Women are more likely than men to be knocked out of their U.S. jobs by automation in the next eight years, and they’ll find half as many opportunities to land new positions unless there’s a new effort to retrain them.
Those conclusions, from a study released Monday at the World Economic Forum, show about 57 percent of the 1.4 million U.S. jobs to be disrupted by technology between now and 2026 are held by women. With proper retraining, most of the workers would find new, higher-paying jobs. Without it, very few have opportunities, but women fare the worst, according to the study, conducted in collaboration with the Boston Consulting Group. Making the transition will be expensive and difficult, the authors said.
“It is definitely unprecedented, the effort that would be required on the part of policy makers,” said Saadia Zahidi, one of the authors and head of education, gender and work for the World Economic Forum, which is holding its annual forum this week in Davos, Switzerland. “What is different today, is that businesses also do recognize that it’s something that would be useful for them.”
Workers are bracing for a future where it’s estimated each industrial robot displaces six employees and 30 percent of banking jobs could disappear within five years as artificial intelligence gets smarter. Much of the worst disruption will affect lower-paying jobs often held by women or less educated workers. The World Economic Forum now estimates it will take a century for women to reach gender parity in the workplace, almost 20 years longer than it forecast a year ago.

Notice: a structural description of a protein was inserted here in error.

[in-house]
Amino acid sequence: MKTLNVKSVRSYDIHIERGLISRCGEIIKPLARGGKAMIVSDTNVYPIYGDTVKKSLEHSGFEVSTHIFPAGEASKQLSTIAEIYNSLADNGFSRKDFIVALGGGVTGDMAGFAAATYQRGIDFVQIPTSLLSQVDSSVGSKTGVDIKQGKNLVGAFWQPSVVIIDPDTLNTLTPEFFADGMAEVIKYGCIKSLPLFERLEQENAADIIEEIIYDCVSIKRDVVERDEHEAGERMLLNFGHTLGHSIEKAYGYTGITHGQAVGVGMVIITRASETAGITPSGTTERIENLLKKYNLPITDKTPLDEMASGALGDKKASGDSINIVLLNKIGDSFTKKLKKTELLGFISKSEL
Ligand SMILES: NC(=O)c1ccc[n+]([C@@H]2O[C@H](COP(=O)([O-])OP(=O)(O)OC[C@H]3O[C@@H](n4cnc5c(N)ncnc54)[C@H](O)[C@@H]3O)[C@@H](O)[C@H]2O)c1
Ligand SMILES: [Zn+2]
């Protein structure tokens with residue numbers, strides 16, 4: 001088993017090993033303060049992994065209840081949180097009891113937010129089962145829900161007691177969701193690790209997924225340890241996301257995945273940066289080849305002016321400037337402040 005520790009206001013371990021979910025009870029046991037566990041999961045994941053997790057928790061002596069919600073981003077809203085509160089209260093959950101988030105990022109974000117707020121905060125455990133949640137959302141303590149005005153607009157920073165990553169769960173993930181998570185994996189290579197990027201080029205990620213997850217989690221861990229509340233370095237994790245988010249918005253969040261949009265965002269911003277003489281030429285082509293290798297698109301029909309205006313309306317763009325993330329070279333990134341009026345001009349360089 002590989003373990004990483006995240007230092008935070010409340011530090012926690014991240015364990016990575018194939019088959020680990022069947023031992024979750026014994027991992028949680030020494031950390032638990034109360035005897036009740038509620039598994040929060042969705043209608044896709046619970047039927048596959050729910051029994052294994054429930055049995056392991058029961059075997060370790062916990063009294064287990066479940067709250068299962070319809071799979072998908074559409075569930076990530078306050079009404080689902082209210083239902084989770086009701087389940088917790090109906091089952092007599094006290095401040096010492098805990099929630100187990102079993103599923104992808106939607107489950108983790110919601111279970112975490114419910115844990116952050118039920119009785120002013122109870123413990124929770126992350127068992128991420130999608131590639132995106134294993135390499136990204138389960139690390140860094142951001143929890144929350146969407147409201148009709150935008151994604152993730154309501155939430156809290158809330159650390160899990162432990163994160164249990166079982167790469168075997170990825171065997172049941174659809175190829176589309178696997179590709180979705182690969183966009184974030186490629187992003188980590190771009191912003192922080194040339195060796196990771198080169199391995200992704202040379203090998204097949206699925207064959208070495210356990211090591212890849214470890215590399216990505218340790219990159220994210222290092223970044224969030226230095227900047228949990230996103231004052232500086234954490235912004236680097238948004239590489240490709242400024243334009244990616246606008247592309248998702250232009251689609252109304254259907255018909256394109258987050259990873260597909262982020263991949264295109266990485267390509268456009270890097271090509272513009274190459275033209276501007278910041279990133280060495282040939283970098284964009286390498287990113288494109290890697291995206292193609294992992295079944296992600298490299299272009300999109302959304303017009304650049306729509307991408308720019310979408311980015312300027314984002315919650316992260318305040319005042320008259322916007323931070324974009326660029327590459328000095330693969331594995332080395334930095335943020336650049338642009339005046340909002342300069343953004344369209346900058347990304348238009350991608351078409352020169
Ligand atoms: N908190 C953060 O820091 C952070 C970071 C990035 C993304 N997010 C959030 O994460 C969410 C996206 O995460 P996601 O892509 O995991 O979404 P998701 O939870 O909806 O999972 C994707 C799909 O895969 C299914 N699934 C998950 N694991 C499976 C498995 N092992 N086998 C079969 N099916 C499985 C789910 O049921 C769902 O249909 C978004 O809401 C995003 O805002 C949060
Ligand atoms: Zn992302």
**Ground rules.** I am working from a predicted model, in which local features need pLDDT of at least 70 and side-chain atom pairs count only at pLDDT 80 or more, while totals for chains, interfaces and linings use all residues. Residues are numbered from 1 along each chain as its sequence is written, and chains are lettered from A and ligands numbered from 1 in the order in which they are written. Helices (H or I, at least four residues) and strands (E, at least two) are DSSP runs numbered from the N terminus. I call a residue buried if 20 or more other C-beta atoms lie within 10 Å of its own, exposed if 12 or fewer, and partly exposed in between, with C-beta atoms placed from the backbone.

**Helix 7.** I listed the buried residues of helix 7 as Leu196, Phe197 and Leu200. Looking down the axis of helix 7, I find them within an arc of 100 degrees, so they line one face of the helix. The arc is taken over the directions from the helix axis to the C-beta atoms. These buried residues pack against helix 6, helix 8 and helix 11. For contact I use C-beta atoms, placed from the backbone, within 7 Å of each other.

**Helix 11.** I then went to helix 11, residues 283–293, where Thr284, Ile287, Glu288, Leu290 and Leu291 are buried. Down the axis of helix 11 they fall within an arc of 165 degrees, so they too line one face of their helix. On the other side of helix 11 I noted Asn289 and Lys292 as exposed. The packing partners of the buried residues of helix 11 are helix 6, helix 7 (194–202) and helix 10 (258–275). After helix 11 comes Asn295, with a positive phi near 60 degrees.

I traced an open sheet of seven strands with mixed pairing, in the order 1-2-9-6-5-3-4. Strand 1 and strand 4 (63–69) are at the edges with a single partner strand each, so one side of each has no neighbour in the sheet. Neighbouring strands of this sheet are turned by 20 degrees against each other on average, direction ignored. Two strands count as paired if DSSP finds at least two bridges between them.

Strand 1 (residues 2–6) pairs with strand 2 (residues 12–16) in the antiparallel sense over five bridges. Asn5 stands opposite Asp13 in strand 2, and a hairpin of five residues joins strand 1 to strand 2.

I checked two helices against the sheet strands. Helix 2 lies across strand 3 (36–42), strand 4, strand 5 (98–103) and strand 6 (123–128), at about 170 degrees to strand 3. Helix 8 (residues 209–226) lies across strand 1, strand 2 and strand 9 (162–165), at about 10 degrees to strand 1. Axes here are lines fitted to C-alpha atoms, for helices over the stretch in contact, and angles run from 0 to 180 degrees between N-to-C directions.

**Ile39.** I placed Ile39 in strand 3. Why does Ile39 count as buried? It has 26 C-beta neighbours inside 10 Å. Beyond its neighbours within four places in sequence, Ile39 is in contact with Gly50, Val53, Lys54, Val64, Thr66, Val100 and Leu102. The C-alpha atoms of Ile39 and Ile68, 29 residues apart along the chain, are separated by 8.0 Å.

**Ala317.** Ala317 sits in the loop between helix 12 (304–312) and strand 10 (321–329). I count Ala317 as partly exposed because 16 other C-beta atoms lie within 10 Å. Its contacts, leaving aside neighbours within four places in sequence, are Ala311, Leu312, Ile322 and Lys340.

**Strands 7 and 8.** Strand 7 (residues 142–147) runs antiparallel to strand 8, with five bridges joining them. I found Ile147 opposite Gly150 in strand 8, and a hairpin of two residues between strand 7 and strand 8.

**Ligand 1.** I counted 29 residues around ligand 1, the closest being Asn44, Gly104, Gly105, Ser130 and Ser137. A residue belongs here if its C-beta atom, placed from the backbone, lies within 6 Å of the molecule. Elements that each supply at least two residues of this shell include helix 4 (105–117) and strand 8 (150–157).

Businesses leaders are becoming more aware of their need to take a leadership role in fixing the gap, Zahidi said. At the same time, it will be a complicated problem to fix because it requires an entire new educational focus as well as a likely need for income support for workers being retrained, she said.
Without retraining, a quarter of the workers face annual income losses of about $8,600 and many would not be able to find a new jobs, compared with a gain of $15,000 for most workers after two years of retraining — with about 95 percent having a new position available, according to the report. The study was based on data from Burning Glass Technologies and the U.S. Bureau of Labor Statistics.
One positive for women: under the retraining scenario, women’s wages would increase 74 percent while men’s income would rise 53 percent, having a potential for narrowing the pay gap, she said.
The study looked at 15 different job strategies that could pave the way for professions as diverse as assembly line workers, truck drivers, secretaries and cashiers for finding new careers. While the report found that 90,000 manufacturing jobs, predominantly held by men, are at risk for disruption, there are about 164,000 at risk female secretaries and administrative assistants who are often overlooked.
“A lot of the narrative around job losses and re-skilling in the U.S. tends to focus around male, blue-collar, factory and mining workers, but in fact, there are a lot of women in a lot of those disrupted jobs,” Zahidi said. “So there is a quite a lot of discrepancy in terms of the public narrative and what’s actually happening in the data. There is this possibility of blind spots.”
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